Mindfulness, The Real Deal

What’s all this talk about consciousness and mindfulness?

As I said in my last blog, consciousness is what we see, hear, taste, and touch. It is our emotions, desires, intentions, beliefs, reactions, judgements, and reasoning. Our consciousness is this stream of thoughts that constantly runs through each of our minds. My consciousness is who I am.

Meditation, repackaged as mindfulness, is an ancient method to clean up consciousness, a goal of all religions. In Judaism, Christianity, Islam, Hinduism, and Buddhism, the reason to meditate is to clear the mind to make room for God, Being, or Buddha Nature.

Literally thousands of articles, books, and posts attest to more immediate benefits of mindfulness. These benefits include reduction of anxiety, stress, depression, and emotional reactivity, as well as increase in working memory, cognitive flexibility, compassion, and quality of relationships.

So exactly what is mindfulness? Also called meditation, it calls for one to be still, to observe one’s thoughts, and to let go of these thoughts, good and bad, and come to a peaceful state of mind. This practice decreases the power of negative thoughts.

Jon Kabat-Zinn, a student of the famous Zen master Thich Nhat Kahn, stripped meditation of any whiff of religion and introduced it to the American public mindfulness. His 2006 bestselling book, Full Catastrophe Living; How to Cope with Stress, Pain, and Illness Using Mindfulness Meditation, opened widespread public awareness. Today Amazon lists 101 pages of titles on Mindfulness.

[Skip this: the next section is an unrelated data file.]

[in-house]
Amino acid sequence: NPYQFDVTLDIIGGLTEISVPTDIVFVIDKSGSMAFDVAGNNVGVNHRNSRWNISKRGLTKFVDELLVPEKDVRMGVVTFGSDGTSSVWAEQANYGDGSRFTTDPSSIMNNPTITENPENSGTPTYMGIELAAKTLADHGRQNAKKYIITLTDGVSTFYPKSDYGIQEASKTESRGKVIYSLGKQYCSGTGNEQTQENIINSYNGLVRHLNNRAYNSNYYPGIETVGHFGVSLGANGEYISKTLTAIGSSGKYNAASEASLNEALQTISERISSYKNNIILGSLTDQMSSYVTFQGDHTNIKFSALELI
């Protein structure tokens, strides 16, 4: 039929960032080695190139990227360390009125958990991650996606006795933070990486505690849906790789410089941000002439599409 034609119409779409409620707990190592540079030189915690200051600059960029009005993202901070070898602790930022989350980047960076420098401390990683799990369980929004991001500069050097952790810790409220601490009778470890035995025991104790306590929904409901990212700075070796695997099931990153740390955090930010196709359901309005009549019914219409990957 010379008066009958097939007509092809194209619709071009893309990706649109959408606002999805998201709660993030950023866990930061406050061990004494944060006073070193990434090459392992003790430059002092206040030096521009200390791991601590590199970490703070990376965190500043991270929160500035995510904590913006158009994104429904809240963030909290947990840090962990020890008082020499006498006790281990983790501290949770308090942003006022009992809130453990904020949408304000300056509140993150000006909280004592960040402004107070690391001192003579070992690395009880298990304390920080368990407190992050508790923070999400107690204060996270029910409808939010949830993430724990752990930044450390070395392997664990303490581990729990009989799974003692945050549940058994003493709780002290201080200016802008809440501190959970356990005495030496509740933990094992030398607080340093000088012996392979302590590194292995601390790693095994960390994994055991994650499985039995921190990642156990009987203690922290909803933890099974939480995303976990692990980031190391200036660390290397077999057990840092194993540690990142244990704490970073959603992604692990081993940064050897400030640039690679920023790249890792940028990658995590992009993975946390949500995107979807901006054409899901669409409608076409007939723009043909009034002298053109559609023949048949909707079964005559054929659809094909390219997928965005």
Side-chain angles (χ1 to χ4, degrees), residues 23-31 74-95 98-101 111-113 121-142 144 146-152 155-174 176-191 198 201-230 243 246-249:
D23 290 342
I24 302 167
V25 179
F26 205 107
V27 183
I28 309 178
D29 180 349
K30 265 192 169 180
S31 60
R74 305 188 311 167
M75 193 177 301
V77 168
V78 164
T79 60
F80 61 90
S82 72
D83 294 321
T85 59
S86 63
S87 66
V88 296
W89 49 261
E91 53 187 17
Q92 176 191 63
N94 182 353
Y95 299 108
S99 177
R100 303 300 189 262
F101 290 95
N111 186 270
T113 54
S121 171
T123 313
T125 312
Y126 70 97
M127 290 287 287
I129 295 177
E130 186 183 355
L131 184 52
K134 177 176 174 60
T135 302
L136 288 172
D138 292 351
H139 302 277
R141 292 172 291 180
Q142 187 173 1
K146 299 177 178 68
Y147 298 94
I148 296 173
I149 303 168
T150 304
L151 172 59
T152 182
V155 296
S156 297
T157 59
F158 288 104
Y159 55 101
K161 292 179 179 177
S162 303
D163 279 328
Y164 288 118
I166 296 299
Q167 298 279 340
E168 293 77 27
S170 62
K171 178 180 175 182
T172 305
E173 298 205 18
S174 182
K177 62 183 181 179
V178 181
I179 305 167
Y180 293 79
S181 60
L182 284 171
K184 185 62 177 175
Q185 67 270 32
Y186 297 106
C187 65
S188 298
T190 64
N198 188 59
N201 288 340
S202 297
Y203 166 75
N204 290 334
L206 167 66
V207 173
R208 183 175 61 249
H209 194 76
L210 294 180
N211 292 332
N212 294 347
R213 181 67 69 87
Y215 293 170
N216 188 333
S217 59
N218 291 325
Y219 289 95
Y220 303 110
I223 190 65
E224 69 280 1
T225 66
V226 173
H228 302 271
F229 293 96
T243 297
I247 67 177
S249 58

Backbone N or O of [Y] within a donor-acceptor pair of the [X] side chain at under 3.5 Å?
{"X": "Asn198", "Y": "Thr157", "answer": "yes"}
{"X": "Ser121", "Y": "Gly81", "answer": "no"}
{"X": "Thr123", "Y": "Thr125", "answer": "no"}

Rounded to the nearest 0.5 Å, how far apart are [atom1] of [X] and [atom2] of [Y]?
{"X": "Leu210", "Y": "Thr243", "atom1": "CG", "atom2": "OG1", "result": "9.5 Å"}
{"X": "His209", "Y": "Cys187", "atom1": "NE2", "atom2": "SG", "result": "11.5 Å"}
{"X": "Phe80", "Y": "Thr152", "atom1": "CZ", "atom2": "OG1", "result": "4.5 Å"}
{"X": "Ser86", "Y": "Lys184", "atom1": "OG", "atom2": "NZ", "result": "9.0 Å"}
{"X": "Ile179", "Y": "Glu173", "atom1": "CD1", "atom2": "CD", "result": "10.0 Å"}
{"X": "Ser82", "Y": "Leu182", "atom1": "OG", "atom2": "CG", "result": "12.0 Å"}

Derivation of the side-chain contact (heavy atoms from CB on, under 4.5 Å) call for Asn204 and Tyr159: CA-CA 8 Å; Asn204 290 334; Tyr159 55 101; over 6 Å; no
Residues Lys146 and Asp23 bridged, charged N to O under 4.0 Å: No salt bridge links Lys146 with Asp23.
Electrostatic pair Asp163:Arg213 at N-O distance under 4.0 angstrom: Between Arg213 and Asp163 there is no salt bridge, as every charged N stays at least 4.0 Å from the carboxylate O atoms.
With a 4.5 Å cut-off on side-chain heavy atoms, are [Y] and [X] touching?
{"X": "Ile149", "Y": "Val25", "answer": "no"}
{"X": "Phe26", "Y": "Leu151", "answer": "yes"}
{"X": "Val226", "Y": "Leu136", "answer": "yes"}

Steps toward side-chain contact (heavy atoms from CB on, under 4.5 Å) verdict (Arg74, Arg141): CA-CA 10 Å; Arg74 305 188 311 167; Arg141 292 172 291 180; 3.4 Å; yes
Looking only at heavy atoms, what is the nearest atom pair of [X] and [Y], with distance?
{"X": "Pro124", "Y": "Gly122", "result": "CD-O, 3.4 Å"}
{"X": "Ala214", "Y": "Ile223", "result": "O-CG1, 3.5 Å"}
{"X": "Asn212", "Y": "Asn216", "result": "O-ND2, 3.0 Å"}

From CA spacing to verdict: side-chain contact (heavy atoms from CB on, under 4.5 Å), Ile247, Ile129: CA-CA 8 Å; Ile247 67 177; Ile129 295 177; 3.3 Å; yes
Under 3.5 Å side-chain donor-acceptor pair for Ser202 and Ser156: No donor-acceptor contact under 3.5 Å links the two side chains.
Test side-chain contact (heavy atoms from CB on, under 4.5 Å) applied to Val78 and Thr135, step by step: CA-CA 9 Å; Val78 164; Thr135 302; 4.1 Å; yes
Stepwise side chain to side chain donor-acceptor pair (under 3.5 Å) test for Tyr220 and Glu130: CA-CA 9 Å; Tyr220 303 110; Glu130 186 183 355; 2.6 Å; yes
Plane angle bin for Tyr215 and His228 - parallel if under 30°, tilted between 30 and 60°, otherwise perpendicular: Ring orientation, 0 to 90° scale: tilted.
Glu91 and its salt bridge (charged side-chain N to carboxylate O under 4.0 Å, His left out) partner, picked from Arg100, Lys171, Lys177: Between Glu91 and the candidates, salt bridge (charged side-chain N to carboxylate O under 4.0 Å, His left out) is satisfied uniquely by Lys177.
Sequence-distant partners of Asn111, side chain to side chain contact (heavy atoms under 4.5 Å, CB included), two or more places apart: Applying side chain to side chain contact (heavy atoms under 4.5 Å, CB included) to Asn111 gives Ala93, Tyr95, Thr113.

It’s free, all you need is your brain. You can do it anywhere. Information and classes abound. So why isn’t everyone doing it? For various reasons, we find it difficult to observe and let go of our thoughts.

It may be hard to accept that we can separate ourselves from our thoughts. Negative thoughts may be hard to acknowledge although all human beings, even saints, have them. Several years ago when I was teaching comparative religion, I brought up the idea that meditation, in different forms, was common to all religions. A young woman objected saying that meditation was not a good idea because it was an opening for the devil, all these bad thoughts tempted one to action.

Mindfulness calls upon us to acknowledge our negative thoughts to lessen their impact.

On the other hand, some people may treasure negative thoughts such as anger and hatred, but these eat away at our essence. One does not have to hate to defend one’s cause.

Others say mindfulness is boring. In a way it is and in a way it isn’t. If you are continually in a hurry, the next task, the next event, the next pleasure or the next worry, stress, anxiety, just sitting will seem boring.

However, if you want to decrease you worries, stress, and anxiety, you can become interested in the content of your own consciousness, what do you think about, what are your patterns of unhappiness. Then it becomes interesting.

But it is hard to get out of the way. We just have to face it. It is difficult to watch your thoughts and then learn to guide them gently out of range.

You need to find your motivation to do this, to call yourself back when distracted by yet another stream of thought be it wonderful, terrible, or mundane. Gradually you will establish habit and with habit comes control of your thoughts.

For some people stress, pain, or illness is enough motivation to persevere. For others, dissatisfaction with unhappinesss can be the motive. Still others may see it as a step on the spiritual path.

It would help if you can believe it will work. So go read the articles.

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